Being that in modern Western societies, the state is supposed to have exclusive control of the use of violence, the fact that British, Dutch, French, Belgian, German, Swedish and Danish authorities all admit to many virtual ‘no go’ areas in their countries, is disturbing. Upon closer analysis, one thing unites these areas: they are all ‘blocks of flats,’ thousands of artless ‘Unites’ inhabited by a maladapted segment of the population,  with a high birth rate, unemployment rate, low skill rate and a critical mass of young men from around 15-30 years of age.[27] The reason that former Eastern bloc nations don’t experience the same kind of problems as the West, on an even more massive scale even, is that it seems architecture is not an independent actor, determining in full the conditions for anti-sociality. In the East, the societies are more ethnically homogenized at the same time very heterogeneous in the age and life mode of people who inhabit the blocks. There is much less of an ‘us vs. them’ mentality, or a preponderance of troublemaking boys and men. In order to assimilate anyone, the host society must be full of confidence in what kind a society it is, and this, unfortunately, is not the essence of ‘multiculturalism’ or the modern West.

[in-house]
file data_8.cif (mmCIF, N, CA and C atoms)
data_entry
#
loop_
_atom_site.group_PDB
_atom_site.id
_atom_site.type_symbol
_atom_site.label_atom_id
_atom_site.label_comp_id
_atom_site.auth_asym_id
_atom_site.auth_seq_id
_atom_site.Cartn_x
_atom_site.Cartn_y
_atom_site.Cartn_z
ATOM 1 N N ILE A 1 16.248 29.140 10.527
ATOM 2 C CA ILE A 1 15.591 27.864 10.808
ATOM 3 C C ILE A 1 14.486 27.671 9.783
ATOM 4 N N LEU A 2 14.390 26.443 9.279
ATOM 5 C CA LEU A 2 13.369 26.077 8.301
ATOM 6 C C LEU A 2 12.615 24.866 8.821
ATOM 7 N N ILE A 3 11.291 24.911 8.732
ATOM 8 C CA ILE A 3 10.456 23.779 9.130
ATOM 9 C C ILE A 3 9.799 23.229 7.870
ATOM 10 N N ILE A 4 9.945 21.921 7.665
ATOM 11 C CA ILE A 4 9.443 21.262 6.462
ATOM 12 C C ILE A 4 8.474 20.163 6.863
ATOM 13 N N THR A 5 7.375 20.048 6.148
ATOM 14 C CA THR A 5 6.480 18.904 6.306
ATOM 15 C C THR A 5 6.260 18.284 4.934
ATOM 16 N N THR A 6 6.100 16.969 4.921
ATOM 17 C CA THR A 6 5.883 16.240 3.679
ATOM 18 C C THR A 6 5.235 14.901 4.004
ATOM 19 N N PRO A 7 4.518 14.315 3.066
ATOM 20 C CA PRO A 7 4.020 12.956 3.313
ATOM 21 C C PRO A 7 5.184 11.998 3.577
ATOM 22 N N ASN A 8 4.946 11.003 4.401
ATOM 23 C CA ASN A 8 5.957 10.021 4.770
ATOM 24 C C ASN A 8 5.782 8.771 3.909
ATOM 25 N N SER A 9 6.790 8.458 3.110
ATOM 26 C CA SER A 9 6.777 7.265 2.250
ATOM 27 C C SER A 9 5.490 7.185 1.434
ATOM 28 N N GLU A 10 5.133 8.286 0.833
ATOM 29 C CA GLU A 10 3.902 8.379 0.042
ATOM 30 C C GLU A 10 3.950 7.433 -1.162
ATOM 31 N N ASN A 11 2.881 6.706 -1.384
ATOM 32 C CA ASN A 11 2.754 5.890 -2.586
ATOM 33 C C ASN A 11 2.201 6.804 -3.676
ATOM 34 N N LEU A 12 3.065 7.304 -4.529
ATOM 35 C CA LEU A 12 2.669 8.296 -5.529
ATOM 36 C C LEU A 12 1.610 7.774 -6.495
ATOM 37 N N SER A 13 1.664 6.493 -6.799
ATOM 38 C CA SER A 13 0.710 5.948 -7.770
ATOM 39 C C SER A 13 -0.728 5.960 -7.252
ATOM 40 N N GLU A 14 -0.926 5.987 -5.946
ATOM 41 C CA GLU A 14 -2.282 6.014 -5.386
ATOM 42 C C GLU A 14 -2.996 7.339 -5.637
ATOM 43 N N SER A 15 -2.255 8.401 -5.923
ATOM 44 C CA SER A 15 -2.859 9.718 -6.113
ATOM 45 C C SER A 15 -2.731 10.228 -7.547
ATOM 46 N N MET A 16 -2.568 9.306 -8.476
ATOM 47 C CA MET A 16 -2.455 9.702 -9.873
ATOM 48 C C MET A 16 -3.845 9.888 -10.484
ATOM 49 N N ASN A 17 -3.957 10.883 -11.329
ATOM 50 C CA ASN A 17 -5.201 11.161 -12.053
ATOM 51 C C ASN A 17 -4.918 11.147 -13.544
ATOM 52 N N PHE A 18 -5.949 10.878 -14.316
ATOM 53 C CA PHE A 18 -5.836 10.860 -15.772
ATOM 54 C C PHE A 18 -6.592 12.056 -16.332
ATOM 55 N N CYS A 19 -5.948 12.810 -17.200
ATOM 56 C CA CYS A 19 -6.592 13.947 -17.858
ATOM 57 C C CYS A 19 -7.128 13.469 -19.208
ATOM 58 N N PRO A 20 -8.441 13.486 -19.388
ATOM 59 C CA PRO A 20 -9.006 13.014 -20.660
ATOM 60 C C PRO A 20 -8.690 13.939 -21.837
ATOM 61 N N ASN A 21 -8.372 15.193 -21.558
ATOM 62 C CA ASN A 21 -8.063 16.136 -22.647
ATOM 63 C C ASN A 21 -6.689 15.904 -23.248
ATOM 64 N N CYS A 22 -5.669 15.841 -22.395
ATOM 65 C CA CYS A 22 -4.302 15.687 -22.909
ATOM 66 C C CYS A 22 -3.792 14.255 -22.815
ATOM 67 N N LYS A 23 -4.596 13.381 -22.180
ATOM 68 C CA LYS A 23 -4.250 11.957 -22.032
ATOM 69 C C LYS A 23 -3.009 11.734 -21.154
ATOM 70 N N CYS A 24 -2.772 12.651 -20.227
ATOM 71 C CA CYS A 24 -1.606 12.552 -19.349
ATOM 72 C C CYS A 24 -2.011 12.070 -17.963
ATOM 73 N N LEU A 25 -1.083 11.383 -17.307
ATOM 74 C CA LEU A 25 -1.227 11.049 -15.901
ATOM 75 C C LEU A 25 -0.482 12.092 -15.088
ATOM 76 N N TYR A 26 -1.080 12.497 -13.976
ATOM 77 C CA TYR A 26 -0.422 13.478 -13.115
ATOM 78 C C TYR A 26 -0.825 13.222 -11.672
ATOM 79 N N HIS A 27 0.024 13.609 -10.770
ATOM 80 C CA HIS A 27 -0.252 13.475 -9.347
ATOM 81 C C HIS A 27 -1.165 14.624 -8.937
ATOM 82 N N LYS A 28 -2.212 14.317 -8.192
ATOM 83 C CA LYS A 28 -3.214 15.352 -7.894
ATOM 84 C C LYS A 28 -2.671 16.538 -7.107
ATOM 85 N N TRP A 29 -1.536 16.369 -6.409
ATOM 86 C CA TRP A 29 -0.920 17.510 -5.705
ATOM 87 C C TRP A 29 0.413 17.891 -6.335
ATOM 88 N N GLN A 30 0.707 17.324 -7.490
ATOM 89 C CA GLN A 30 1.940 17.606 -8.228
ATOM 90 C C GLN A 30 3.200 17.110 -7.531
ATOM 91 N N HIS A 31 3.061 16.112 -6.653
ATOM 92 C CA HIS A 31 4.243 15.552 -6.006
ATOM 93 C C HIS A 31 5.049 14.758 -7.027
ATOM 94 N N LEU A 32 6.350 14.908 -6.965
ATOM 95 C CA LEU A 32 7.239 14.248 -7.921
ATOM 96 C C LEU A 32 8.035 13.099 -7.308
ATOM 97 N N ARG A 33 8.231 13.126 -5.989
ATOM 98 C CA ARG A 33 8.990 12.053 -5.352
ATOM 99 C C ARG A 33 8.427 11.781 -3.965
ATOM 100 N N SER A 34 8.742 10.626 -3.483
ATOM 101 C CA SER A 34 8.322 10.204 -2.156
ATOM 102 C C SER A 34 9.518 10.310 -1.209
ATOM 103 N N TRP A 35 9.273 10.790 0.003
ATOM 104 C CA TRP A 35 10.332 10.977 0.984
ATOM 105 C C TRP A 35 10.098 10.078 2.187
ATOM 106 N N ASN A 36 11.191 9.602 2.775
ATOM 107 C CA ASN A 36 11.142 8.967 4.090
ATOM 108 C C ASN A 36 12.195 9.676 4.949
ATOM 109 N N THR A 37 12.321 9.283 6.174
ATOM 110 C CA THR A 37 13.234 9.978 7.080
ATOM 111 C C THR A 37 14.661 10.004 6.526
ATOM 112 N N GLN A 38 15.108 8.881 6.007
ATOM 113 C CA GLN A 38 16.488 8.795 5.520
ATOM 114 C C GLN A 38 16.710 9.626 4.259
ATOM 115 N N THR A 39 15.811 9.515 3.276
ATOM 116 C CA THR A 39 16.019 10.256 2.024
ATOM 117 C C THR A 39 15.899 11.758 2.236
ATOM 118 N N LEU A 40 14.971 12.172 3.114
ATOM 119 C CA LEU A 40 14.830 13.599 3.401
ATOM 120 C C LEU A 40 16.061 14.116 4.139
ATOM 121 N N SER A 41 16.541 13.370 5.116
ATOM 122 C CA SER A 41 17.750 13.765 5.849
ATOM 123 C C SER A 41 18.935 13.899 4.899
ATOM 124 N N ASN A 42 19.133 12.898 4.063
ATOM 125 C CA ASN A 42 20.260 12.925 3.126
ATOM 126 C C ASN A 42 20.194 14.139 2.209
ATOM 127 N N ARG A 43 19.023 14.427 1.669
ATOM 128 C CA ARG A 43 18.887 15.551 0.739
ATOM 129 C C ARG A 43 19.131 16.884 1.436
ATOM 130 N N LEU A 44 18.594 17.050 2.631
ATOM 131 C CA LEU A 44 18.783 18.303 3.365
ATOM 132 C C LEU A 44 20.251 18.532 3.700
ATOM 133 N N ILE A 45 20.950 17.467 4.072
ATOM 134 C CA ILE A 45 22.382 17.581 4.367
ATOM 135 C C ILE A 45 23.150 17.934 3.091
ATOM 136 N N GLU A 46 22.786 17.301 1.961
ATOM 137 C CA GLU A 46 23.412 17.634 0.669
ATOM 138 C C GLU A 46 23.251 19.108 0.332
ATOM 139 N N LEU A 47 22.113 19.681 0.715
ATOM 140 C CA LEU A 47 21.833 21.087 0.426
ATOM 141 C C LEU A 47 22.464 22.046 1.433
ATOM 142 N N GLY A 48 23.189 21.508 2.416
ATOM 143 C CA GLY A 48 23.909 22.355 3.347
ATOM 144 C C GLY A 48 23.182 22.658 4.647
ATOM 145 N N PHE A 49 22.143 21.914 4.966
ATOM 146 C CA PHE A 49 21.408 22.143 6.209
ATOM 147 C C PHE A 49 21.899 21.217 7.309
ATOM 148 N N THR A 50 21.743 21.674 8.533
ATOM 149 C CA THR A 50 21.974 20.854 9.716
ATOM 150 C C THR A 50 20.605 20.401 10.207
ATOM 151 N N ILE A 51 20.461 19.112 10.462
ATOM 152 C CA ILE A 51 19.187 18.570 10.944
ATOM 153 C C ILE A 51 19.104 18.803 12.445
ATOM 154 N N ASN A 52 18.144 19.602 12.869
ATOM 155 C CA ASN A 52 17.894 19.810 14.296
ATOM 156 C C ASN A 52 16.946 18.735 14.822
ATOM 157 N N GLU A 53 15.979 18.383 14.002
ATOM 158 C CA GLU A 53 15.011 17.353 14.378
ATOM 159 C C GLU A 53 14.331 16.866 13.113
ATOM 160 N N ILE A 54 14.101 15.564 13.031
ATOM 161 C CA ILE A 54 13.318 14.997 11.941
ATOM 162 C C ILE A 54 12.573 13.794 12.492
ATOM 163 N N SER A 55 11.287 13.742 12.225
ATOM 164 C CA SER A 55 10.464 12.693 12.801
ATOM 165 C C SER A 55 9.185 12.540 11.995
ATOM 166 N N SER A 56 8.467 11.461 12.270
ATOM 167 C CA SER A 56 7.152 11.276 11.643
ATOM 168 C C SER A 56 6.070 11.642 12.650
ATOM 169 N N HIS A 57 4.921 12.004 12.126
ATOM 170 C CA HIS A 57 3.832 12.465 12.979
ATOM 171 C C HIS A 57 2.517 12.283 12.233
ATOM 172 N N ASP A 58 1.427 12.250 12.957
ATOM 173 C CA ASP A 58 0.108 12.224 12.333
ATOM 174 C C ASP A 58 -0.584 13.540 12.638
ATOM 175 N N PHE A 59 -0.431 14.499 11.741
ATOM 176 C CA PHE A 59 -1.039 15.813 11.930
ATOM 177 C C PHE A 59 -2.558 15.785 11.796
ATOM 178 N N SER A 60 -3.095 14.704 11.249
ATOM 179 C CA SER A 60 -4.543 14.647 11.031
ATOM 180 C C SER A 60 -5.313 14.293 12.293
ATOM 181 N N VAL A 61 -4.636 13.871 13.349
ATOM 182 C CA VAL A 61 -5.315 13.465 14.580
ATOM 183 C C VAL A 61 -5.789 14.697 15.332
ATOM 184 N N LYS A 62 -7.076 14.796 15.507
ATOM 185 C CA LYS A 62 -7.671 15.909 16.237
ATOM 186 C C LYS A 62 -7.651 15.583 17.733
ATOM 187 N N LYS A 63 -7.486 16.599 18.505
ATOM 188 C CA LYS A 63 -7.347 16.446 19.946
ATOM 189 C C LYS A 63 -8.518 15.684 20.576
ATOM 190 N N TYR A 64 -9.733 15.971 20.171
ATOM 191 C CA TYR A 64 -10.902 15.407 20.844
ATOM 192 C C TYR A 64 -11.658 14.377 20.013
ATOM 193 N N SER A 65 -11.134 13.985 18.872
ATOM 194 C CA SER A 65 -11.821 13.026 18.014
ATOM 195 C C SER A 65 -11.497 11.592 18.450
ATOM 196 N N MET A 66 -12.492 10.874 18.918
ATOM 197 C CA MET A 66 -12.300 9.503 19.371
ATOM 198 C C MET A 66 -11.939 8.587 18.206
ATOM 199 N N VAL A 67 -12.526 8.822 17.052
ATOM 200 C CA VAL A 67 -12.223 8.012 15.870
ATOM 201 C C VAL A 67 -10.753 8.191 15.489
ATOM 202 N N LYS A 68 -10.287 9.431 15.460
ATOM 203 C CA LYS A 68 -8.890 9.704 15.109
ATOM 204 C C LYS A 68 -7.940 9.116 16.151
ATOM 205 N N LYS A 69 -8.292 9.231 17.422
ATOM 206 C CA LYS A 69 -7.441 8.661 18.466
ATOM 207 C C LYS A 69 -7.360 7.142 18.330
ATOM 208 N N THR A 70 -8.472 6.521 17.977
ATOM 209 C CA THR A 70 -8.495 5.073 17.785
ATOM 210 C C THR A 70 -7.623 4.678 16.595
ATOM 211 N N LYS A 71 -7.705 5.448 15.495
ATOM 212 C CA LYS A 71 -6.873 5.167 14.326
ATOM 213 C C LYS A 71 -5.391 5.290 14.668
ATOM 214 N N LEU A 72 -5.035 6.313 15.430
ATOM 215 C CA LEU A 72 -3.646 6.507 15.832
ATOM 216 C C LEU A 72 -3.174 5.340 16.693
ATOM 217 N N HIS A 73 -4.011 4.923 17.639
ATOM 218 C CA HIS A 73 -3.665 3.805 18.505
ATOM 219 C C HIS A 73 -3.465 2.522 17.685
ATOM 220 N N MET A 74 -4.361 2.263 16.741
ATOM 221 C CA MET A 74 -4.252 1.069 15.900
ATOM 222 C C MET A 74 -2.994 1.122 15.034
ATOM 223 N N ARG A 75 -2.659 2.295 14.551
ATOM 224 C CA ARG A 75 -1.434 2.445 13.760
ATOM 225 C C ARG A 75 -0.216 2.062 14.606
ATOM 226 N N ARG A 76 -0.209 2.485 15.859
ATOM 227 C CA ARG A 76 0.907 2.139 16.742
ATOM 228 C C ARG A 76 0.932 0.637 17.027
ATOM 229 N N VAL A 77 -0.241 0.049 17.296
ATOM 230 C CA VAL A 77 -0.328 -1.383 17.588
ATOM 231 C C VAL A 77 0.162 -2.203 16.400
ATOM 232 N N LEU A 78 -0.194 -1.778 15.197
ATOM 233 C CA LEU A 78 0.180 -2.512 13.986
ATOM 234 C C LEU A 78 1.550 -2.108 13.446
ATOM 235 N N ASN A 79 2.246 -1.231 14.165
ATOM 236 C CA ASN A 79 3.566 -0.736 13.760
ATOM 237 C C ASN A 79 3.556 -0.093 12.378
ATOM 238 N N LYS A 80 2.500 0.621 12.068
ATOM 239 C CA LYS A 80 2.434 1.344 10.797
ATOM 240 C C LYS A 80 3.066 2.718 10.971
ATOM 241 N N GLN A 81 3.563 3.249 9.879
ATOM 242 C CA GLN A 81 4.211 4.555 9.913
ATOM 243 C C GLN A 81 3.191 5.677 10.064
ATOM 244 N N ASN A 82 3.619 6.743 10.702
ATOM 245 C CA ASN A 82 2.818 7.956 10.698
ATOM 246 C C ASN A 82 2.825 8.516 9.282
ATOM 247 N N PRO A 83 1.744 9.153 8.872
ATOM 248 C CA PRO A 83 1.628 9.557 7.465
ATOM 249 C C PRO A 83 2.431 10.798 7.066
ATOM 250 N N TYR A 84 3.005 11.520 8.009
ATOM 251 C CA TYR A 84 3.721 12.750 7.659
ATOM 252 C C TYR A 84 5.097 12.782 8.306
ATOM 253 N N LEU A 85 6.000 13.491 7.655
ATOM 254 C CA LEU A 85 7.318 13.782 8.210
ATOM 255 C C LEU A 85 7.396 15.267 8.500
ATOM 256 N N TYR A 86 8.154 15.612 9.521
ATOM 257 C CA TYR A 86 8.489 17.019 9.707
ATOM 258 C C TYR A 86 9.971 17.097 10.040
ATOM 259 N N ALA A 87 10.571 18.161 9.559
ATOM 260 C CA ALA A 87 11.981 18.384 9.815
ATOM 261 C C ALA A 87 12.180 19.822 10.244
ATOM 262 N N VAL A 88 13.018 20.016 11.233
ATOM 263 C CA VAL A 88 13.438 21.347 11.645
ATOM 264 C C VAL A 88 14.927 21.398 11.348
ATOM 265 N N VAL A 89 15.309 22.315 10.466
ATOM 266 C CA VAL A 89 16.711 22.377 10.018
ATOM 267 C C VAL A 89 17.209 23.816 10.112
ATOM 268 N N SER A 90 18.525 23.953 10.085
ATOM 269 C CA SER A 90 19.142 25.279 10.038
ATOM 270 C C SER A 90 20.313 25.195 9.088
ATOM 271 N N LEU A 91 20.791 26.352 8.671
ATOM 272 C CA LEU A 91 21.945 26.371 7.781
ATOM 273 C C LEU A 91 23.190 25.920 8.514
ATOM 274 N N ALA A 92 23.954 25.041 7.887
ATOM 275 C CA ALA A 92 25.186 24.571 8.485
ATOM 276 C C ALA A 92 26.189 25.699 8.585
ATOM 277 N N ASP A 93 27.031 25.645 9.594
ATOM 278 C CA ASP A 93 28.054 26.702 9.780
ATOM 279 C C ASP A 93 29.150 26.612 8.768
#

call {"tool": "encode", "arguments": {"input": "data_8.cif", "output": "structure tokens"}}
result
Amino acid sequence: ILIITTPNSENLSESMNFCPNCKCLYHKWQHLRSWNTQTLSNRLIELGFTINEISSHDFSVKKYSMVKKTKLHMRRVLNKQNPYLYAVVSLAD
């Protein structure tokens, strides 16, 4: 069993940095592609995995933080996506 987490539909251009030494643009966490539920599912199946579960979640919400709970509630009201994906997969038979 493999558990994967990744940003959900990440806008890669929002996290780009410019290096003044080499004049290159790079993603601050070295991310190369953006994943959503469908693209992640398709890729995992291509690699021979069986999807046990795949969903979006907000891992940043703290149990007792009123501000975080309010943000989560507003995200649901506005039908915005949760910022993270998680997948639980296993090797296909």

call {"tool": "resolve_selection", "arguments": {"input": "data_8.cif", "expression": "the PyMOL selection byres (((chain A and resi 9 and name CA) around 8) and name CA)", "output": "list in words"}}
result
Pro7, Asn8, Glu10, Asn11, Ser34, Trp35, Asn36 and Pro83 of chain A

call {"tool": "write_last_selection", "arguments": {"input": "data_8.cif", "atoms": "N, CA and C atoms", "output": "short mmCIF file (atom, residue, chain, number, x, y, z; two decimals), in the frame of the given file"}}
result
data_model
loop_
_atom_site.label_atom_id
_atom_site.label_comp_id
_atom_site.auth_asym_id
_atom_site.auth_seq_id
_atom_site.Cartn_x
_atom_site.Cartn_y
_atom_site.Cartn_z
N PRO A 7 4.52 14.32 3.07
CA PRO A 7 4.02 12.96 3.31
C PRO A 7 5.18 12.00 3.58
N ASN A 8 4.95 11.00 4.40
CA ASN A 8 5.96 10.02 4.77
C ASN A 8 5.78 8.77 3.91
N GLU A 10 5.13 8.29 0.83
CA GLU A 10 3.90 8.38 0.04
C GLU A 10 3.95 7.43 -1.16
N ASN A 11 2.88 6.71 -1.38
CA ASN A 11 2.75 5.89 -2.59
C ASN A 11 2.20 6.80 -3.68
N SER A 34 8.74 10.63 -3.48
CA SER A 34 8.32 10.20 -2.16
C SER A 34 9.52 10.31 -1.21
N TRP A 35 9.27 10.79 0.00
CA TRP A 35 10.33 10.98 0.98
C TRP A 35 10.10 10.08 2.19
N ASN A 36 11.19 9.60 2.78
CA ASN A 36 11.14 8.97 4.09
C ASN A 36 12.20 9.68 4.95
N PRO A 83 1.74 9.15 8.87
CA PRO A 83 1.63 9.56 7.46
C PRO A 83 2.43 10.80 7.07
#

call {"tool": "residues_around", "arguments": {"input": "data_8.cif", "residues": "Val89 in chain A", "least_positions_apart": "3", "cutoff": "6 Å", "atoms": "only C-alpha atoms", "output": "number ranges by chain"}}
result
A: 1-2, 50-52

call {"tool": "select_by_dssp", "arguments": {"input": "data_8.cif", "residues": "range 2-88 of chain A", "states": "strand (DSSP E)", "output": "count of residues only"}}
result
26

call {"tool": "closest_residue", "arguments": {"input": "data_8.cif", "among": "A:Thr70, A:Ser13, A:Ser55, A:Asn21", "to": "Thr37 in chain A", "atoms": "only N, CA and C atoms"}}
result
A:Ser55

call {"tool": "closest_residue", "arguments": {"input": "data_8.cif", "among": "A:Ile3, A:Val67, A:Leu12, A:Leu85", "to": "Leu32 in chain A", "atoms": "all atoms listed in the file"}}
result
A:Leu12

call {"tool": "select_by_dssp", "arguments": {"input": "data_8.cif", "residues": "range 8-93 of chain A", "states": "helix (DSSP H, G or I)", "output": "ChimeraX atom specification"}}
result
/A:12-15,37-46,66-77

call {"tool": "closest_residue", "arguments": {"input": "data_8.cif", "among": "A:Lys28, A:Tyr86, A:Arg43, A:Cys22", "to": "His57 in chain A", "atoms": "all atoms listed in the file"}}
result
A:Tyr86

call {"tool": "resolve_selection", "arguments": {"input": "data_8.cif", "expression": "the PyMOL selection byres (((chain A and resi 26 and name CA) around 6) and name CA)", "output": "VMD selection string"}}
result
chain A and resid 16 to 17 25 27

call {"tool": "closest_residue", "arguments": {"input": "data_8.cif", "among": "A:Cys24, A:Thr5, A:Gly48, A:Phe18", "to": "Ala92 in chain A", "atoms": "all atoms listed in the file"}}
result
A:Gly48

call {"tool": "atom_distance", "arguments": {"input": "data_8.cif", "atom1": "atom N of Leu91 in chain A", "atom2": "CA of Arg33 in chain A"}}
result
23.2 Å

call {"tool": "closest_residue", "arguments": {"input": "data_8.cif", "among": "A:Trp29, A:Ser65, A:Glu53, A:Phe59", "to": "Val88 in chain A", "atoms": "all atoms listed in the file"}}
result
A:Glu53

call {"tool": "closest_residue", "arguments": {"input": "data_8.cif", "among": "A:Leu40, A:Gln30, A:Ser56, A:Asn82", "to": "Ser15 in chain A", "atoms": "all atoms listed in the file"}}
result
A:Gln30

The future of the blocks of flats in Poland and in the formers Eastern Bloc is dubious. As these countries have some of the lowest birthrates in the world, it is possible that outside Warsaw and the other capital cities, some of the flats will simply be taken down with nothing needed to replace them.[28] In other cases, young people may move out and leave for opportunities in other parts of the country and in the West, leaving the elderly and infirm. This is the case in many blocks even today.[29] Still another development will likely see a rolling teardown of the old flats and the construction of new facilities on a more human scale. The growing affluence of the region dictates this as a probability. Finally, if we can take the examples from America, Britain and Western Europe, the CEE countries should recognize that the huge infrastructure of deteriorated satellite housing can, under the right conditions, be turned into the current French model of suburban dysfunction. Where the free market has spoken through de-facto segregation, or where the government has idealistically ignored realistic concerns such as being careful how much they allow housing estates to be populated by only one section of society, blocks of flats have turned into hotbeds of social disorder. This is especially true where they are made up of a poor underclass. Care in not letting xenophobia limit full assimilation and interaction with the growing foreign newcomers arriving to the region, and care in not letting sole use of violence slip away from the police power of the state, are necessary courses of action when dealing with the problem of these communist constructions, which are part of this region’s historical totality. As with the Palace of Culture, one can always hope for their elimination, but it is likely that many of the 70,000,000 flats will see the dawn of the 22nd Century, as they have the 21st. What is not as clear is what kind of society they will see around them.